People are doing traditional-style reviews all over the web, so we decided to try something different. In each “breakdown” we’ll take a look at what a film’s marketing led us to believe, how the movie actually played, and then what we learned from it all. Read on!
I can sit here and write out every reason why this is the most exciting film to hit theaters this year, but I won’t. I’ll just say, this is the most exciting film to hit theaters this year.
It’s been a strong few years for genre films. We’ve seen audiences start to embrace (re-embrace) the idea that science-fiction and big budget blockbusters don’t have to be two-hour orgies of explosions and muscles (though hey, in the right hands, we’re all okay with that as well). We’ve seen horror films slowly start to come back from the perilous edge of shit they tiptoed on for so long. Hell, we’ve seen comic books and their celluloid kin reach new heights of both popularity and creative savvy. It’s a fucking good time to be a genre nerd. And still, every once in a while you get a film that regardless of the sea of quality it’s floating in, manages to transcend the concept of genre, and help to rewrite the book on what interesting, science-fiction can be. Ex Machina is that film. Written and directed by superstar genre writer (and novelist to boot) Alex Garland, Ex Machina follows Caleb (Domnhall Gleeson, quickly becoming one of my favorite actors), a programmer for a Google like company that wins an office raffle to join the company’s founder, Nathan (Oscar Isaacs in a truly fantastic asshole performance) for a week at his estate. Upon arrival (the entire film takes place in the confines of Nathan’s ultra-modern, underground home) Nathan introduces Caleb to Ava (Alicia Vikander), an advance bit of AI that he needs to test in terms of how convincing it is. What follows is a wildly entertaining, if not somber, discourse on the evolution of artificial intelligence and what it means to create sentient life. Through Caleb’s blossoming relationship with Ava, and his tenuous interactions with Nathan, Garland is able to explore the concept of what humanity is, and how we impart it to the rest of the world. It’s the mark of a talented director to be able to express big, mind-boggling concepts (for me at least, I’m a Film Major) through the interactions of 3-4 people, and Garland does just that, extrapolating these impressive concepts by beautifully executed pairings of his tiny cast of characters. Each interaction plays off the one that comes before it, until the final act of the film, where everything that’s come to bear, well, really comes to bear. This is a benchmark for modern sci-fi, a film that every thing else should aspire to. You can call me hyperbolic all you want, this is a modern fucking classic.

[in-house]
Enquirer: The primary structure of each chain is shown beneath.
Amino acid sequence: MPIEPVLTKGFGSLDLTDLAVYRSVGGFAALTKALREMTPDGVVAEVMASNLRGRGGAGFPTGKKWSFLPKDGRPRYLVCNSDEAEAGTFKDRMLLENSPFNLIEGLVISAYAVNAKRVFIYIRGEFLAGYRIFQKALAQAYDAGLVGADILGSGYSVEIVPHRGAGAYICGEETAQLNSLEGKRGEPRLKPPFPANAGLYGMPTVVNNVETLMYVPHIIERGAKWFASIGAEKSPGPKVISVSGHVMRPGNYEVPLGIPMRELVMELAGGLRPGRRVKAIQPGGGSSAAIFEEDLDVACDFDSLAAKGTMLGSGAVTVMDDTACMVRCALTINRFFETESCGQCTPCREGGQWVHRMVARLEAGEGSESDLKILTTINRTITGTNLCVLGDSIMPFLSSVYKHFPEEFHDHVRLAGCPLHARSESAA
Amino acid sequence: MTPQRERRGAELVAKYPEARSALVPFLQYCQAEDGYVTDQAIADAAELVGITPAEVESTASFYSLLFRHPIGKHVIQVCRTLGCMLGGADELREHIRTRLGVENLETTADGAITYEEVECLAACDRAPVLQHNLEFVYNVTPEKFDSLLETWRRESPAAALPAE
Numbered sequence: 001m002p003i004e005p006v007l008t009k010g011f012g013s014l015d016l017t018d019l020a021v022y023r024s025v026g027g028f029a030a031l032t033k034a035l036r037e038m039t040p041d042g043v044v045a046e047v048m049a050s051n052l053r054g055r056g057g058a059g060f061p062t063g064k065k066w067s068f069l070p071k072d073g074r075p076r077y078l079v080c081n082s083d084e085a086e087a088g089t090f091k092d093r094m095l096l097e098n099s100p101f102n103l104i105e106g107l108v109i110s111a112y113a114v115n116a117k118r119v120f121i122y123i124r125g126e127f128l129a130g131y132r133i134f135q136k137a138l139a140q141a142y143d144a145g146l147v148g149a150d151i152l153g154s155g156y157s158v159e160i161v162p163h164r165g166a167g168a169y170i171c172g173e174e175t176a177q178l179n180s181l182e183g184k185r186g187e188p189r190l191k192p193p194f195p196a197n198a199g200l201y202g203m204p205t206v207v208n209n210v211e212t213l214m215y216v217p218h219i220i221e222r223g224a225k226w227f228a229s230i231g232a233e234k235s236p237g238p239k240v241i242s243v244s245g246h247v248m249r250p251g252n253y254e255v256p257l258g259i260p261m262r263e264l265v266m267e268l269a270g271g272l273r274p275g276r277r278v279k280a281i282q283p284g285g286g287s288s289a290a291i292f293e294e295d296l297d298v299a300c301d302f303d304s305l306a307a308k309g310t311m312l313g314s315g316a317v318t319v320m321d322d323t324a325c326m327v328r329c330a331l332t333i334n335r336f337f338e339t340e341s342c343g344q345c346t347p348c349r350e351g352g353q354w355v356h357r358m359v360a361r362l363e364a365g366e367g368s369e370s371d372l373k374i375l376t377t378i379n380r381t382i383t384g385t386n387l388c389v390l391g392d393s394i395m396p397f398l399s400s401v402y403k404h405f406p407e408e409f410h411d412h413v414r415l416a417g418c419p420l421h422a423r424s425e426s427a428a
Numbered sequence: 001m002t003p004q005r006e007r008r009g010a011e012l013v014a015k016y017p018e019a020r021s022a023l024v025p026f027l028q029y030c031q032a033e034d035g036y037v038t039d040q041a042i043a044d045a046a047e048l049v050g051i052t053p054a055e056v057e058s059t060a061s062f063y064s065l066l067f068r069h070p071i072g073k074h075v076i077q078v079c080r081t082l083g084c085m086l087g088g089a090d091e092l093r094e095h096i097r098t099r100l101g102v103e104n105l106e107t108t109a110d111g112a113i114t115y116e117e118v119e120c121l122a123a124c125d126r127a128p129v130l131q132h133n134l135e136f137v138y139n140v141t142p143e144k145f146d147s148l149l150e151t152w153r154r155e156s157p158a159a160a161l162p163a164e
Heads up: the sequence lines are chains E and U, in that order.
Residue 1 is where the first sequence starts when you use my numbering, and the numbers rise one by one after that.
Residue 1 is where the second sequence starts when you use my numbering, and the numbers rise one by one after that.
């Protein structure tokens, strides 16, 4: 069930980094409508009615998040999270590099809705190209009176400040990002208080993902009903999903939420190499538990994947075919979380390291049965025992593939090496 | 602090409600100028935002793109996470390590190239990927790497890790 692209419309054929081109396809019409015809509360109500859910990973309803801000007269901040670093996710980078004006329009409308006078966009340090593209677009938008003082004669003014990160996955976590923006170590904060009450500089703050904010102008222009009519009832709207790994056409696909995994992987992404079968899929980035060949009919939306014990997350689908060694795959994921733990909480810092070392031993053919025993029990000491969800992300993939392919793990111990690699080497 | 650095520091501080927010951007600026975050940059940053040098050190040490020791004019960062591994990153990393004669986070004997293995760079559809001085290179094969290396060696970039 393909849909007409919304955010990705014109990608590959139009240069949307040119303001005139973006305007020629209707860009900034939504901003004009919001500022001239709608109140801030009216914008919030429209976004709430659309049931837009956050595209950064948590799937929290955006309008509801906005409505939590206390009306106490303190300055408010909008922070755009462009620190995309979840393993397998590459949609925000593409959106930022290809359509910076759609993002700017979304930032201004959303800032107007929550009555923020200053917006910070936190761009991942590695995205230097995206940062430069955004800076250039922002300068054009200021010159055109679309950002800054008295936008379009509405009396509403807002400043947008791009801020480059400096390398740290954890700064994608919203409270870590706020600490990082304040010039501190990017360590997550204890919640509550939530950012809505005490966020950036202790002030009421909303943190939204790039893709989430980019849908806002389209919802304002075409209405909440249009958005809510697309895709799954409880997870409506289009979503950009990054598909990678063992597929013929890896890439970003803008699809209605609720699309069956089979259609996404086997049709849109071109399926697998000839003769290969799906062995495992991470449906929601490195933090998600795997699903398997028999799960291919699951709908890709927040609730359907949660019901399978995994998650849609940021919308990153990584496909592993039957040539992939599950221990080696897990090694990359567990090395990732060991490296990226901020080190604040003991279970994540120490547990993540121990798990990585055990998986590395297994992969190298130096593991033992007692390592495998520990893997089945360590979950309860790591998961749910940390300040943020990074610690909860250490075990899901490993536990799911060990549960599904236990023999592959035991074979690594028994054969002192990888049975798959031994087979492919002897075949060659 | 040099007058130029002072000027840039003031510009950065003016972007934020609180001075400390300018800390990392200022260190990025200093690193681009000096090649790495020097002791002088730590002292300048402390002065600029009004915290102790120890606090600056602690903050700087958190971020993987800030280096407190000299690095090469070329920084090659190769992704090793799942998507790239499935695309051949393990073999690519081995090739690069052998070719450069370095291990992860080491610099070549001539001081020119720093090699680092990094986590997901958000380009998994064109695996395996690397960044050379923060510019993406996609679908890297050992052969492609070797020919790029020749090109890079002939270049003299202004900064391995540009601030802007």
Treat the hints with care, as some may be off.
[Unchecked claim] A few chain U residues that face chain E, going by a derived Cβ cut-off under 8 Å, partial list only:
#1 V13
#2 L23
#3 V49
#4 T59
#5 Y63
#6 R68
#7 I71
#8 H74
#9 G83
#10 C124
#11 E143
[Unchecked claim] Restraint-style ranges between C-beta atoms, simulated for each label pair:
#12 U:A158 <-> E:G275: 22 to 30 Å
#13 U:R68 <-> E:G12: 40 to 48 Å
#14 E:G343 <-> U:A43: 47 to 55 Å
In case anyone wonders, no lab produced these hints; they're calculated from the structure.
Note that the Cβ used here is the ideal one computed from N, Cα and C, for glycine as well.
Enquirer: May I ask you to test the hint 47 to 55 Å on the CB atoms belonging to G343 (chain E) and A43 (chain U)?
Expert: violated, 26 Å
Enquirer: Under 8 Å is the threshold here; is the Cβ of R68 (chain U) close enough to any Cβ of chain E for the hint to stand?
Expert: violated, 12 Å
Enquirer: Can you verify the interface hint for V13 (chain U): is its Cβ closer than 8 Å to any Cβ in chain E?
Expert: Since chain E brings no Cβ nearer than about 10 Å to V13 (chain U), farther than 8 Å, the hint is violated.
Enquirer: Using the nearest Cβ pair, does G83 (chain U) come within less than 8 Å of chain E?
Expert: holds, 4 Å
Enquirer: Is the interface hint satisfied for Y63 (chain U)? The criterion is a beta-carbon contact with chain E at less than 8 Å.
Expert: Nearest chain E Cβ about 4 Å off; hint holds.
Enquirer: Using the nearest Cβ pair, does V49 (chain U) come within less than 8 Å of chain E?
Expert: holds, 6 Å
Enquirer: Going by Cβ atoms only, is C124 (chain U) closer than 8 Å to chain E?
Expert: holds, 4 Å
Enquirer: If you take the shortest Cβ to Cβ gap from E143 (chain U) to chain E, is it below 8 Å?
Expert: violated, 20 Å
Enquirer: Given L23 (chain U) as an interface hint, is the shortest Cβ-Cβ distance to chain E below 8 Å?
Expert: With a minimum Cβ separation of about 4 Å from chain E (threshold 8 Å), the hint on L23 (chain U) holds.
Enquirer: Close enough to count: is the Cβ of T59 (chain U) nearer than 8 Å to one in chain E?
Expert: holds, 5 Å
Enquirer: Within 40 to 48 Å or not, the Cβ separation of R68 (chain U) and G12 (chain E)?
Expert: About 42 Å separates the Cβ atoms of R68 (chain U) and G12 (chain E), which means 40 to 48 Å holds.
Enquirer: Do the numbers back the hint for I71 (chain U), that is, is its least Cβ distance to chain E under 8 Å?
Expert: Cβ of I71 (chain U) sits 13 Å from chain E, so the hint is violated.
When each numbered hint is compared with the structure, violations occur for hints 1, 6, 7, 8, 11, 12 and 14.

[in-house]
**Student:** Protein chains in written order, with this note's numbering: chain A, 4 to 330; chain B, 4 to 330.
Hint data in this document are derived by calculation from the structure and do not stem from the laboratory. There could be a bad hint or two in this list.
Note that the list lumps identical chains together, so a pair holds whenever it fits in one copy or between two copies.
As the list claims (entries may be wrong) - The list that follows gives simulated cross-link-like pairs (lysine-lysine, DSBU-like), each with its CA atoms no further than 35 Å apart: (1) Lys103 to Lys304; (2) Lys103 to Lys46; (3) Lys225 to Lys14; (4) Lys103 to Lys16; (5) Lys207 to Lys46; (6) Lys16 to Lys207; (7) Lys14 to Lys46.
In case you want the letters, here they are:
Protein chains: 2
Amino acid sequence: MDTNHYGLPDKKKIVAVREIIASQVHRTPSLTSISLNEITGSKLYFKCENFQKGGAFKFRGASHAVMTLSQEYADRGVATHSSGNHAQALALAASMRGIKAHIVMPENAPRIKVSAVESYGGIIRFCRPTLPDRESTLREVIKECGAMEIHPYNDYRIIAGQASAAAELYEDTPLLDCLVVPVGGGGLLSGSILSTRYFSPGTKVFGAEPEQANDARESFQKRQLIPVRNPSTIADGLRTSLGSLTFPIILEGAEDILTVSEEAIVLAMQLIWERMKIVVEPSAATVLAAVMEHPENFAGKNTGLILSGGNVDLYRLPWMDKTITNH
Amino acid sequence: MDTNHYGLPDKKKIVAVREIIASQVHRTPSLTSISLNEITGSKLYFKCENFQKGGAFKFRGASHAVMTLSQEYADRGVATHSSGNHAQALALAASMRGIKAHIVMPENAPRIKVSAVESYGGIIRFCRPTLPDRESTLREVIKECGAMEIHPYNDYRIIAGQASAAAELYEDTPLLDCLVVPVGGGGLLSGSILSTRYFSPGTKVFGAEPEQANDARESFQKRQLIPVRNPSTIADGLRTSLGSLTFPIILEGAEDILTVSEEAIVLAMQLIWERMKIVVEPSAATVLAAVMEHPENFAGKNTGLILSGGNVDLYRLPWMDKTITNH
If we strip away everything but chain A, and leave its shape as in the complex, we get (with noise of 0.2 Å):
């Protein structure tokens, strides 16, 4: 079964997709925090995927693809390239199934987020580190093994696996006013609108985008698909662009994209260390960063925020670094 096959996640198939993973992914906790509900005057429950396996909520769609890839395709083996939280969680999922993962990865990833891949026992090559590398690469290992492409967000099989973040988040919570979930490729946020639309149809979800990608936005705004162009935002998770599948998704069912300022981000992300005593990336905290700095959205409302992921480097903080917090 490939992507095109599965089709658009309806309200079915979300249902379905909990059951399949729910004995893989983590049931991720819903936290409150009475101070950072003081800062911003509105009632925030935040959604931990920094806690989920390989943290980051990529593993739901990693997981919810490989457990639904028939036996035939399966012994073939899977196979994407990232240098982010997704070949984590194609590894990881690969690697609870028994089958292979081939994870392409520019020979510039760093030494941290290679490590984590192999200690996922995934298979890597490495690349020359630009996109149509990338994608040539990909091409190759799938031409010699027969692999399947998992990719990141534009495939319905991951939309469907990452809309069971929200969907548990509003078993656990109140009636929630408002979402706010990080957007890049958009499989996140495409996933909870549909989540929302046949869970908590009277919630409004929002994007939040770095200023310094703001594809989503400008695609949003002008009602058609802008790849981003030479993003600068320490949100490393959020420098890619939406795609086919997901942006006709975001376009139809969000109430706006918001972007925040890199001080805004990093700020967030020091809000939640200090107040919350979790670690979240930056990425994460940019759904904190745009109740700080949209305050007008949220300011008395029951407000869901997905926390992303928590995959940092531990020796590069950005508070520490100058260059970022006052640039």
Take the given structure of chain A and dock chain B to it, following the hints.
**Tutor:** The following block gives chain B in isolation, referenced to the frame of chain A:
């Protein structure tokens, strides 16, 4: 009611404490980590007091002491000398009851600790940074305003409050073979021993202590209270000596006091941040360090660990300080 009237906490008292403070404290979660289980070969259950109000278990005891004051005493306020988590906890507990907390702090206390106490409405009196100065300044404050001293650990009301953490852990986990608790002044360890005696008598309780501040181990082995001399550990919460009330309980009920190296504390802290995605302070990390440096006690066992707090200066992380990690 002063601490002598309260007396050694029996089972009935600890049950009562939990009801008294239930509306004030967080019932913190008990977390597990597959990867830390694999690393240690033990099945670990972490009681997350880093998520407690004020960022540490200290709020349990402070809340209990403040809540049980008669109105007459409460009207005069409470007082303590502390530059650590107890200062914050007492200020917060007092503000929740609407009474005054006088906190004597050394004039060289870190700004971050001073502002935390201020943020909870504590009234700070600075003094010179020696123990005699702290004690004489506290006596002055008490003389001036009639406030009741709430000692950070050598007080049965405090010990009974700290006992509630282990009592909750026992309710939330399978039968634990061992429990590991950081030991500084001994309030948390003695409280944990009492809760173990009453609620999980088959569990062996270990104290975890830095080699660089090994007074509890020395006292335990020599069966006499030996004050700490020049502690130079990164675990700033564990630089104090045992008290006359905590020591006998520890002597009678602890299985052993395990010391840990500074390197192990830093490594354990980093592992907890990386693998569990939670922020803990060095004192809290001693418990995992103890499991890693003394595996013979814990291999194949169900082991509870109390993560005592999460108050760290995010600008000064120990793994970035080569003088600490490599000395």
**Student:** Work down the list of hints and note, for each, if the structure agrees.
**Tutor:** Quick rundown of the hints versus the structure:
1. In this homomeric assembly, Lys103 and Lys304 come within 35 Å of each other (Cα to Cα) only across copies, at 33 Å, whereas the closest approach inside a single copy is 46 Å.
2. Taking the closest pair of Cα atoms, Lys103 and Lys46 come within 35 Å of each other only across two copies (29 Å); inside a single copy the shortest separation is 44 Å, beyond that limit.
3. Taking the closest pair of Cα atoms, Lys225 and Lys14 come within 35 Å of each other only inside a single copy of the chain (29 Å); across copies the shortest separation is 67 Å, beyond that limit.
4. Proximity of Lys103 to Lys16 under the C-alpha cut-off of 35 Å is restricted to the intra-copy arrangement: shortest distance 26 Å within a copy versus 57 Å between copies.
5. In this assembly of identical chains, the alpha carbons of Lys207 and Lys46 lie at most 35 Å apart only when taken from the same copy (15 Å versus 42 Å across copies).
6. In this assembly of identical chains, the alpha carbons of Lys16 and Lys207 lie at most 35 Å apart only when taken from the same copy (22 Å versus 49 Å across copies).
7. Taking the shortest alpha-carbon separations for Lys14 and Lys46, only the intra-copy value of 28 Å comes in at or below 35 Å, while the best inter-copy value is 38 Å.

It was Danny Boyle who was making the end of Alex Garland’s scripts feel like off-kilter, fairly shitty action movies. Silly Boyle.